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Anne Gracie
http://www.annegracie.com
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Thanks, Jenifor
Toggle Commented 2 days ago on Wedding Dresses, part 2 at Word Wenches
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Nicola, I'd love to — thanks for the offer. I have such a yen to travel at the moment — a few other major things to be done first, though — and right now, a book to finish.
Toggle Commented 4 days ago on A Land of Alpha Castles! at Word Wenches
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Lovely blog, Nicola. I don't know this part of the UK at all, but it's beautiful, isn't it — and anywhere with castles has my vote.
Toggle Commented 7 days ago on A Land of Alpha Castles! at Word Wenches
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Robyn, thanks for dropping by. I'm wishing now more of Maggie Osborne's books were available as e-books, so more people could read them. As fpr LaVyrle Spencer, yes, indeed I have read her books. I think they were among the earliest of the US romances I discovered. I found her first in the library, and then, because I knew I'd want to have them, I tracked them down in bookshops.I think Morning Glory was the first one I read, and Hummingbird was another favorite. I'm not sure if I've read The Gamble. Might have to track it down. Thanks also for the recommendation of The Rock Creek Six -- not one I know, but I'm off now to look for it. Much appreciated.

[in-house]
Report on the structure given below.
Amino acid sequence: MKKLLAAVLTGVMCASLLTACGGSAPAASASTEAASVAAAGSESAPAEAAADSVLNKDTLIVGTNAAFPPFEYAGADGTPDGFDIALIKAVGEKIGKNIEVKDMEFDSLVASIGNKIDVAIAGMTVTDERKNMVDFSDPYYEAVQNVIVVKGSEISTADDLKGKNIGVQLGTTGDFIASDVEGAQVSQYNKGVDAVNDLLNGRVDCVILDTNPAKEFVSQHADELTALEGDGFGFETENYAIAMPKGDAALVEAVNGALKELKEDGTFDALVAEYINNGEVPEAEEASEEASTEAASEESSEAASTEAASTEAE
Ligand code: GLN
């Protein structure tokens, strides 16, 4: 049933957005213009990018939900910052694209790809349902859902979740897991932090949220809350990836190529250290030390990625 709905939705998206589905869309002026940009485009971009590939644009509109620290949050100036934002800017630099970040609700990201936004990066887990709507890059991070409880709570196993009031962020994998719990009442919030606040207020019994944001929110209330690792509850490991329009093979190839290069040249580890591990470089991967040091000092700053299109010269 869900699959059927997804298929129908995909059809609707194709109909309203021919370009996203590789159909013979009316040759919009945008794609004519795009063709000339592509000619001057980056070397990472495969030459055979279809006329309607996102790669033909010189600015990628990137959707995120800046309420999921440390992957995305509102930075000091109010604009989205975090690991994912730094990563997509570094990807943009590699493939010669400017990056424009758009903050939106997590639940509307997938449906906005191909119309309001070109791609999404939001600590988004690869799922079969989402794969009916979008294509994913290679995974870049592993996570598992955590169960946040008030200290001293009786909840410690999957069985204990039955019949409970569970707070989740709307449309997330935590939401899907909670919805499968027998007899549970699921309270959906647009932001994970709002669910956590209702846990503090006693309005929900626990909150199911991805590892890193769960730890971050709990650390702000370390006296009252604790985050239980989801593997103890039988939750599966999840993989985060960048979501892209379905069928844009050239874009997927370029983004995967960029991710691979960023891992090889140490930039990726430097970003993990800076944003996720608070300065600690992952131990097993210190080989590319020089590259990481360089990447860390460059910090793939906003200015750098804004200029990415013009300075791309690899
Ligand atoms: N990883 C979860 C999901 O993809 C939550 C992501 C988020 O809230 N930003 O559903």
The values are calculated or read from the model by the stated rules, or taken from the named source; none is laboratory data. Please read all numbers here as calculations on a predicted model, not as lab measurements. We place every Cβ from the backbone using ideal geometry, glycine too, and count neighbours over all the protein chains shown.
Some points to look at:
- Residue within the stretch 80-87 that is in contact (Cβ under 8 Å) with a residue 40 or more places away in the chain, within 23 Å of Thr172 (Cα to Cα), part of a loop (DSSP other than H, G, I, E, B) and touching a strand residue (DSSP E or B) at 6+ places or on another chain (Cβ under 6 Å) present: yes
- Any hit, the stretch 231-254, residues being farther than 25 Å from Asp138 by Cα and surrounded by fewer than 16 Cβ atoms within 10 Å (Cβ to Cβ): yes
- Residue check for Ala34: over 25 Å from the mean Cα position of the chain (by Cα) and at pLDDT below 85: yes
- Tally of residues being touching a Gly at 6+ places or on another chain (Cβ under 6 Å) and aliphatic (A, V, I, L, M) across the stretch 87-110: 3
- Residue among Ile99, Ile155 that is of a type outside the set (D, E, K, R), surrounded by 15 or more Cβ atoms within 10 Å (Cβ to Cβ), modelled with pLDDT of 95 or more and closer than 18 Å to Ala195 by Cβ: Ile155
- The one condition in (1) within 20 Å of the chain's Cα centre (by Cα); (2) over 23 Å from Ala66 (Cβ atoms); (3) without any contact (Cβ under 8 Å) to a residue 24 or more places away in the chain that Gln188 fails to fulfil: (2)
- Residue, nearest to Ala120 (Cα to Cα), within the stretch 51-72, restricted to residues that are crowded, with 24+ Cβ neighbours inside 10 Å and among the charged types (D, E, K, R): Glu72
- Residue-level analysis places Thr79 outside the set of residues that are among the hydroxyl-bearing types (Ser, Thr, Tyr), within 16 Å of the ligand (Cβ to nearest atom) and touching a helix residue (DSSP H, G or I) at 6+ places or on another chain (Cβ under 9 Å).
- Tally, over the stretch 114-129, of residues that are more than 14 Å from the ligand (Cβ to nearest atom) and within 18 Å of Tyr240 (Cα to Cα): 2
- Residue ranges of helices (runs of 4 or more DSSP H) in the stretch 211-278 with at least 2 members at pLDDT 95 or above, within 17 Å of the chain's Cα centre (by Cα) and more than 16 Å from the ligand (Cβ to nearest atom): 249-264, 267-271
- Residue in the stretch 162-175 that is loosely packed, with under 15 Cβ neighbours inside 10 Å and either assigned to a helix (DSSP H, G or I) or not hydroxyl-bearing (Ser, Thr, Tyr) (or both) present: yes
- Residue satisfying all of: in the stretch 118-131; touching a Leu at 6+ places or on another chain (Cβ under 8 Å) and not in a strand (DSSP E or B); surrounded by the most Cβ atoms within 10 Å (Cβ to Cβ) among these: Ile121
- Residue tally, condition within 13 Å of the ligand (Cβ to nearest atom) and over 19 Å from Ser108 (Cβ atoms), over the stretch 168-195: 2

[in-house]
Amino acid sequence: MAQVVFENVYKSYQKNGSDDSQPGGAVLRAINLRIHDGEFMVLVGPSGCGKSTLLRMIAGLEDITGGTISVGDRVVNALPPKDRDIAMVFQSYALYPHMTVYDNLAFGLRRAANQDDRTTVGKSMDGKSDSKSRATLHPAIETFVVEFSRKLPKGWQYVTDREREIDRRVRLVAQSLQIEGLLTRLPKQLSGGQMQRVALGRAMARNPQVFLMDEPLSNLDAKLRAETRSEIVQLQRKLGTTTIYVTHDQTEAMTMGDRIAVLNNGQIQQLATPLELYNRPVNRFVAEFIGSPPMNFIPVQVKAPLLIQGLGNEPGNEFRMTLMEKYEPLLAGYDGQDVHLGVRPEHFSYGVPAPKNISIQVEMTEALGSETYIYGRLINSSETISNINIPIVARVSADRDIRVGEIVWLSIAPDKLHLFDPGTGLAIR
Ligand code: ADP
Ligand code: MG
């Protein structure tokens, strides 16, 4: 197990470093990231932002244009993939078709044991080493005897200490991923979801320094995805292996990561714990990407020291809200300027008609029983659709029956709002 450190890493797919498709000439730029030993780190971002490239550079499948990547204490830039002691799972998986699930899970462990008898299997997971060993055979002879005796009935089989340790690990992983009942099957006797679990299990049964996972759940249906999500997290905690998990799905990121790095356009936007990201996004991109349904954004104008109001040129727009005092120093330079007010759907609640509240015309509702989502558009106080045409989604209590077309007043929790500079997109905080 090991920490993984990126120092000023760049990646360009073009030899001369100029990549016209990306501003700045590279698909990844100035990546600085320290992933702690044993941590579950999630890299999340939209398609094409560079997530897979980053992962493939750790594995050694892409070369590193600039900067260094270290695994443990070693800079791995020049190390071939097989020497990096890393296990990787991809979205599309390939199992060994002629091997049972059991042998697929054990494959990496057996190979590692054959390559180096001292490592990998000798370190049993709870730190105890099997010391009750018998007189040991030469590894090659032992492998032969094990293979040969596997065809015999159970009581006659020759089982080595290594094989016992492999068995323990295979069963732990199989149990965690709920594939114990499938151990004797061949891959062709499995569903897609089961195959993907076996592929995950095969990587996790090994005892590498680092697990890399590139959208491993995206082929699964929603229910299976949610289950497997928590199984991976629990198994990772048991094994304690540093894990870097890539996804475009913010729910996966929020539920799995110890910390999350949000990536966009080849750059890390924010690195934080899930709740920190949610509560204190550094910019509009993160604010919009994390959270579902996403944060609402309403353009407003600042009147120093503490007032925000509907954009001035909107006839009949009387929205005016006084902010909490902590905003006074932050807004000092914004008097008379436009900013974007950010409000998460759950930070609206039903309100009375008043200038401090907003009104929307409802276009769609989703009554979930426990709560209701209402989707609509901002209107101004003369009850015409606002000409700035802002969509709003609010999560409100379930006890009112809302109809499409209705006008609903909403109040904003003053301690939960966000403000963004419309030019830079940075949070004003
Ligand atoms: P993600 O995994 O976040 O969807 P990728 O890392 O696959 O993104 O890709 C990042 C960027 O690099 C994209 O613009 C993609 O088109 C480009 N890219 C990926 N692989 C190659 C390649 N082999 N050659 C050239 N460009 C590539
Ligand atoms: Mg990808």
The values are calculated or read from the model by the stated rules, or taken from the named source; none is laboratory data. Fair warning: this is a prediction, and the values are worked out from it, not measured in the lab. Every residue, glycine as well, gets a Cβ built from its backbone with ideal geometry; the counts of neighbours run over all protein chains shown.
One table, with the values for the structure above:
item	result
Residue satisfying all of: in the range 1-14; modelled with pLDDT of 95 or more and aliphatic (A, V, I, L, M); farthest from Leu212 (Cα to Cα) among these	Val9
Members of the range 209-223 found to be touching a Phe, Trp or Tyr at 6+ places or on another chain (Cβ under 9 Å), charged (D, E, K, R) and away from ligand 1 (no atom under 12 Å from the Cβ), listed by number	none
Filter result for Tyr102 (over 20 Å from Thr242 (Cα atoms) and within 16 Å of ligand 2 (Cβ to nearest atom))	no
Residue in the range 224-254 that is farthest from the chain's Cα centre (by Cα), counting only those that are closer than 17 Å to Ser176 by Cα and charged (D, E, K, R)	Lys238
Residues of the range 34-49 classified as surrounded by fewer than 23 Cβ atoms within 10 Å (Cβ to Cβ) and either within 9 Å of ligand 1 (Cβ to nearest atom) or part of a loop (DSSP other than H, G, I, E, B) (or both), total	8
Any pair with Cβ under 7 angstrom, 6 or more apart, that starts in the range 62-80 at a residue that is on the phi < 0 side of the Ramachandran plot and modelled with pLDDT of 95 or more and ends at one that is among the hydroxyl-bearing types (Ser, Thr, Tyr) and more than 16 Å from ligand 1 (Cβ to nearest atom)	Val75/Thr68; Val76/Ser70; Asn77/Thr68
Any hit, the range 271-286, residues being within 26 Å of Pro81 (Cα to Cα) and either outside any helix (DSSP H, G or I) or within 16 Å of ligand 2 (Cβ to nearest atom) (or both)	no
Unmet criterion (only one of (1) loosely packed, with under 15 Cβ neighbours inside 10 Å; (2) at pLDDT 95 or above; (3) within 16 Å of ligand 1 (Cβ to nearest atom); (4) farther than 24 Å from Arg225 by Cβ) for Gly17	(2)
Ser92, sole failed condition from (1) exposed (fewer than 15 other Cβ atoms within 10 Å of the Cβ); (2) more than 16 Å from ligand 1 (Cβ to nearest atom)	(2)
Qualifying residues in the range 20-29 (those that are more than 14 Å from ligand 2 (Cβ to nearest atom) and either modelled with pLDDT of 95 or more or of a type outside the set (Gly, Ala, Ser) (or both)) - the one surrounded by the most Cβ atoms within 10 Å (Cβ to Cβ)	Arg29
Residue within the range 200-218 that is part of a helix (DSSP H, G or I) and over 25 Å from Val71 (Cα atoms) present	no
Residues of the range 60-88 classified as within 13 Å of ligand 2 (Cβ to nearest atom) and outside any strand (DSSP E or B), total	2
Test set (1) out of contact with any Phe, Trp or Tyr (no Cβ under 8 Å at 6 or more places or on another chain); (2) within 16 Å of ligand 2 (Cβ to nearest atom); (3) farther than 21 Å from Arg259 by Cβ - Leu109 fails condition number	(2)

Toggle Commented 7 days ago on Maggie Osborne: A Romance Classic at Word Wenches
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HJ, You've just named my two favorite mary Stewart heroes. I have a theory that any romance writer who writes a hero called Raoul, fell heavily for Raoul de Valmy in Nine Coaches Waiting. I have yet to write mine.
Toggle Commented Oct 16, 2014 on The First Book Crush at Word Wenches
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I wanted to wear the white cockade so much. :)
Toggle Commented Oct 16, 2014 on The First Book Crush at Word Wenches
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I'm not sure, MJ. The dresses were mostly mounted on stands and dummies, and sometimes just pinned in place, or hanging a few inches off the carpet, so I wasn't able to really make a comparison. Certainly the wedding outfit of the 16 year old looked tiny and narrow, but I just got the impression of an unformed adolescent. Some of the waists seems pretty tiny, but again, it was hard to tell whether that was real or an illusion emphasized by things like bustles and puffy skirts. Sorry I couldn't be more helpful.
Toggle Commented Oct 14, 2014 on Wedding Dresses, part 2 at Word Wenches